, Volume 116, Issue 1-3, pp 241-252

Douglas–Kroll–Hess Theory: a relativistic electrons-only theory for chemistry

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Abstract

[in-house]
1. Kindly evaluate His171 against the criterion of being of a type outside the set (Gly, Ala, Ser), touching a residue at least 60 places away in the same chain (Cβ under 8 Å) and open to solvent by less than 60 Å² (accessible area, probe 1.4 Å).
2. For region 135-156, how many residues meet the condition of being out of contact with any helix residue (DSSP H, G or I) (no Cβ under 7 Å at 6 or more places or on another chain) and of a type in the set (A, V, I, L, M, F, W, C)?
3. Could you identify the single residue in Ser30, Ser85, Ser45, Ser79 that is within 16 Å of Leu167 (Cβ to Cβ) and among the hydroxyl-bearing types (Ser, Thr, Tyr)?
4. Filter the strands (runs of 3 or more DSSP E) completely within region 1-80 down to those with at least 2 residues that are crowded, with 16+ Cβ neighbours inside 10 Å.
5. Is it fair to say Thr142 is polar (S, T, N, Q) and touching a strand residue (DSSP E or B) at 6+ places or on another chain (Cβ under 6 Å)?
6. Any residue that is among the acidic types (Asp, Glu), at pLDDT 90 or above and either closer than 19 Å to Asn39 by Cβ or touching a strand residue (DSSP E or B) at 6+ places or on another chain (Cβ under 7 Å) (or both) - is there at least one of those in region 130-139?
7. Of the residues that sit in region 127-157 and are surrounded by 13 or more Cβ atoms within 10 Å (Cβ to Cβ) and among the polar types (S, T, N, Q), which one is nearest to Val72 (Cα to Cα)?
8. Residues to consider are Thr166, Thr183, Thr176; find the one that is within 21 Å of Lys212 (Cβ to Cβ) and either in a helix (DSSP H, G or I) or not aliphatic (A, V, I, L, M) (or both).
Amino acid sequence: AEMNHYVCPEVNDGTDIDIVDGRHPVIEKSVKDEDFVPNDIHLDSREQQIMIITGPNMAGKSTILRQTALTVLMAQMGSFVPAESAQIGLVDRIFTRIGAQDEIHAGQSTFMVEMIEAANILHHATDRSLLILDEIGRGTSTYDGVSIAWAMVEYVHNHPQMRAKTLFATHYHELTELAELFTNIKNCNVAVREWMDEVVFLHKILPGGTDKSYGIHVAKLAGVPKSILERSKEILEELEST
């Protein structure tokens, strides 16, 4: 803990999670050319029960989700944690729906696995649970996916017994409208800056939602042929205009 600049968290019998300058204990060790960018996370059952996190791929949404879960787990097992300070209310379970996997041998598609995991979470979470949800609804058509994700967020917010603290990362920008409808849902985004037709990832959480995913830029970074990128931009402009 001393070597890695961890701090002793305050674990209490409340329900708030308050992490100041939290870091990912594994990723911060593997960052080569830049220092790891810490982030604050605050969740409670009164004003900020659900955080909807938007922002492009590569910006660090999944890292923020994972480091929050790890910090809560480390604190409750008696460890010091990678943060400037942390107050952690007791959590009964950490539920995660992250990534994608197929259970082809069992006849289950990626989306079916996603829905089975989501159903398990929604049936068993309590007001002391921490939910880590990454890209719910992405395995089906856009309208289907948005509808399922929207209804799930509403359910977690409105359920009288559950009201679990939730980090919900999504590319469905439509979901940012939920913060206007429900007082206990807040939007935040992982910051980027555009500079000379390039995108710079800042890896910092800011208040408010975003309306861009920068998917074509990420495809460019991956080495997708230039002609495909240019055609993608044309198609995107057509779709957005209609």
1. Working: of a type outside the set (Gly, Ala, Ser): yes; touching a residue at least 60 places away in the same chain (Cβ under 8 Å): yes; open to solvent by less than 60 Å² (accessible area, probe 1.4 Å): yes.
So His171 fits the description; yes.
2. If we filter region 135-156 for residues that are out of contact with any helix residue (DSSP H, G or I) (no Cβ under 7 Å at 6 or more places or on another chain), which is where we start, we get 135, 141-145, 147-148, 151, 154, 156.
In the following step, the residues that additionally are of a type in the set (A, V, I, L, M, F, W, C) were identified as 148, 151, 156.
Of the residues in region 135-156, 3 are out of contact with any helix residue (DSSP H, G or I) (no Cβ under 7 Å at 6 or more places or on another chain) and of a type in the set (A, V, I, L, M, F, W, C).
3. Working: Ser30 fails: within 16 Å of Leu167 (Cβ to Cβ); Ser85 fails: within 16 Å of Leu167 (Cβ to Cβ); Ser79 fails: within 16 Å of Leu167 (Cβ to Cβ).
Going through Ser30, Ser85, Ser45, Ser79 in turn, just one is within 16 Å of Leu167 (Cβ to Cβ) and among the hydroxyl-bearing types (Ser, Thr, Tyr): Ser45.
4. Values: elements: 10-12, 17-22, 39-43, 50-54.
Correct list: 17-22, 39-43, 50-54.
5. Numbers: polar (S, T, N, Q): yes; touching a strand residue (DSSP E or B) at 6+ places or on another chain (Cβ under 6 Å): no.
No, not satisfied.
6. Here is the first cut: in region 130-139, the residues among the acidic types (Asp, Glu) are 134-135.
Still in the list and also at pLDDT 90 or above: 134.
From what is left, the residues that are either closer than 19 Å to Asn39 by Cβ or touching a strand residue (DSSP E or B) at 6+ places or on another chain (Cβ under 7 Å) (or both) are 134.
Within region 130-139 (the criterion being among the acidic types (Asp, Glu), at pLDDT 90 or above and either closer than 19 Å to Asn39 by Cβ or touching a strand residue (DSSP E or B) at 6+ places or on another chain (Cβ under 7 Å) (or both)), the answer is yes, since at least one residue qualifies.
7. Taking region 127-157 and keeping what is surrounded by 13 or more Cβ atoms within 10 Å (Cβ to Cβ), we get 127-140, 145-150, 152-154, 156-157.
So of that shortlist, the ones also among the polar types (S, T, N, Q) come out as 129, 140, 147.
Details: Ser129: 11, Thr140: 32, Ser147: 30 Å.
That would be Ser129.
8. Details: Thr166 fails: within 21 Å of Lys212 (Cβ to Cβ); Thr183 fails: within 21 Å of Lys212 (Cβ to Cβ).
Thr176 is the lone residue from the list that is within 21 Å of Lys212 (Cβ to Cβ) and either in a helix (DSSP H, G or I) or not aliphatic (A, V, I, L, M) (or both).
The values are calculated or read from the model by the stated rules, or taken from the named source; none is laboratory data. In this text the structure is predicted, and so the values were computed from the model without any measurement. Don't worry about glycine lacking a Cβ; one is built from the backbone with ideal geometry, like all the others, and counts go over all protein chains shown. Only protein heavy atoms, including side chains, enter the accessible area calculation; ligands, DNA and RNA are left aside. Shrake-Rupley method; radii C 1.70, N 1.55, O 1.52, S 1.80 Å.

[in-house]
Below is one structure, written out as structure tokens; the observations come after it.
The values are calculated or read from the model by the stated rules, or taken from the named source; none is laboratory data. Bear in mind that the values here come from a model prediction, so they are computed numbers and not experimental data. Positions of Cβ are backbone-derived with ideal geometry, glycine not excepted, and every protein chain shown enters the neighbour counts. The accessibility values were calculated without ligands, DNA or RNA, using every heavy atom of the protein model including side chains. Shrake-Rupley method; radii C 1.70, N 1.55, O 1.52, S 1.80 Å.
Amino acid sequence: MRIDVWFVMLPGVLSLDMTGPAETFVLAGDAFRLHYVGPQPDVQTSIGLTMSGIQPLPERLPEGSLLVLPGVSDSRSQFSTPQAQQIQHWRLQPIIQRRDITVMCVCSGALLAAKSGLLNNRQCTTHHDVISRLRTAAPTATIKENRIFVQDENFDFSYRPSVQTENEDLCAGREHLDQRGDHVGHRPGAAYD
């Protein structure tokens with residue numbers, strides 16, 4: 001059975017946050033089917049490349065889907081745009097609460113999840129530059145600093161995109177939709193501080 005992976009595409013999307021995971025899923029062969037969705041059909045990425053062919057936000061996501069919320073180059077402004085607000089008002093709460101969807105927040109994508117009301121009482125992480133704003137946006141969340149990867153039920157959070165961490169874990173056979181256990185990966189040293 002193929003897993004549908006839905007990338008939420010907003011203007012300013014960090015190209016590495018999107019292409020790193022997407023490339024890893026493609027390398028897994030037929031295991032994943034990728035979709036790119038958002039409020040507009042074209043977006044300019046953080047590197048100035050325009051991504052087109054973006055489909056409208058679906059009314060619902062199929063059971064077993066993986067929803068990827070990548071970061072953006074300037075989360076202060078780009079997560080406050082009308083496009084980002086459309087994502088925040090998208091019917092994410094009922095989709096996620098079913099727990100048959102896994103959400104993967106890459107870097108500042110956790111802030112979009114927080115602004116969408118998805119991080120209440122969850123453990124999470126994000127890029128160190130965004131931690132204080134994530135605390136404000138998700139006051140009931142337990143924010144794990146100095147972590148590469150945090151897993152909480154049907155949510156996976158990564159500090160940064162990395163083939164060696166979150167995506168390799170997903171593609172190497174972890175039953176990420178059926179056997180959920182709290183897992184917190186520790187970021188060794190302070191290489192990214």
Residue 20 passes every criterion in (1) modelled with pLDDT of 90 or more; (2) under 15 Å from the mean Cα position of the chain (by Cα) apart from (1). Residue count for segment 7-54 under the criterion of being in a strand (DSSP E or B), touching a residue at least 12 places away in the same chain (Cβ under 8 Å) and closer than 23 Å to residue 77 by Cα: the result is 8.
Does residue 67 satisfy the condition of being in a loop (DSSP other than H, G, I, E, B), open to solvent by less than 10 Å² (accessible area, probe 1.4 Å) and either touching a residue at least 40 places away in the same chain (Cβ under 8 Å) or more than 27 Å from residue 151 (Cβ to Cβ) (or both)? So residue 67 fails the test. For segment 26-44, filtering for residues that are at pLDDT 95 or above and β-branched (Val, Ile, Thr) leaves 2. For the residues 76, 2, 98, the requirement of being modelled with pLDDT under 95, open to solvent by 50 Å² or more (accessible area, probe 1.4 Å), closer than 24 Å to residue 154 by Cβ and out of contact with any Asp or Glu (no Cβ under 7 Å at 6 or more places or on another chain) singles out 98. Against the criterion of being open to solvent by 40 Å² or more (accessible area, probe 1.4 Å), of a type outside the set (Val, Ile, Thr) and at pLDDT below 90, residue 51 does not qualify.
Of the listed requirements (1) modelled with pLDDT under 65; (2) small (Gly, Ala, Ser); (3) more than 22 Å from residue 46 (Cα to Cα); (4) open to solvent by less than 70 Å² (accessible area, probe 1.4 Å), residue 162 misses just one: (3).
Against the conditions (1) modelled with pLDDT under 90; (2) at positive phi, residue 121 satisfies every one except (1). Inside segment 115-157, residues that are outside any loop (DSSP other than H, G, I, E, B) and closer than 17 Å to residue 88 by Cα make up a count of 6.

A unitary transformation allows to separate (block-diagonalize) the Dirac Hamiltonian into two parts one part: solely describes electrons, while the other gives rise to negative-energy states, which are the so-called positronic states. The block-diagonal form of the Hamiltonian no longer accounts for the coupling of both kinds of states. The positive-energy (‘electrons-only’) part can serve as a ‘fully’ relativistic electrons-only theory, which can be understood as a rigorous basis for chemistry. Recent developments of the Douglas–Kroll–Hess (DKH) method allowed to derive a sequence of expressions, which approximate this electrons-only Hamiltonian up to arbitrary-order. While all previous work focused on the numerical stability and accuracy of these arbitrary-order DKH Hamiltonians, conceptual issues and paradoxa of the method were mostly left aside. In this work, the conceptual side of DKH theory is revisited in order to identify essential aspects of the theory to be distinguished from purely computational consideration.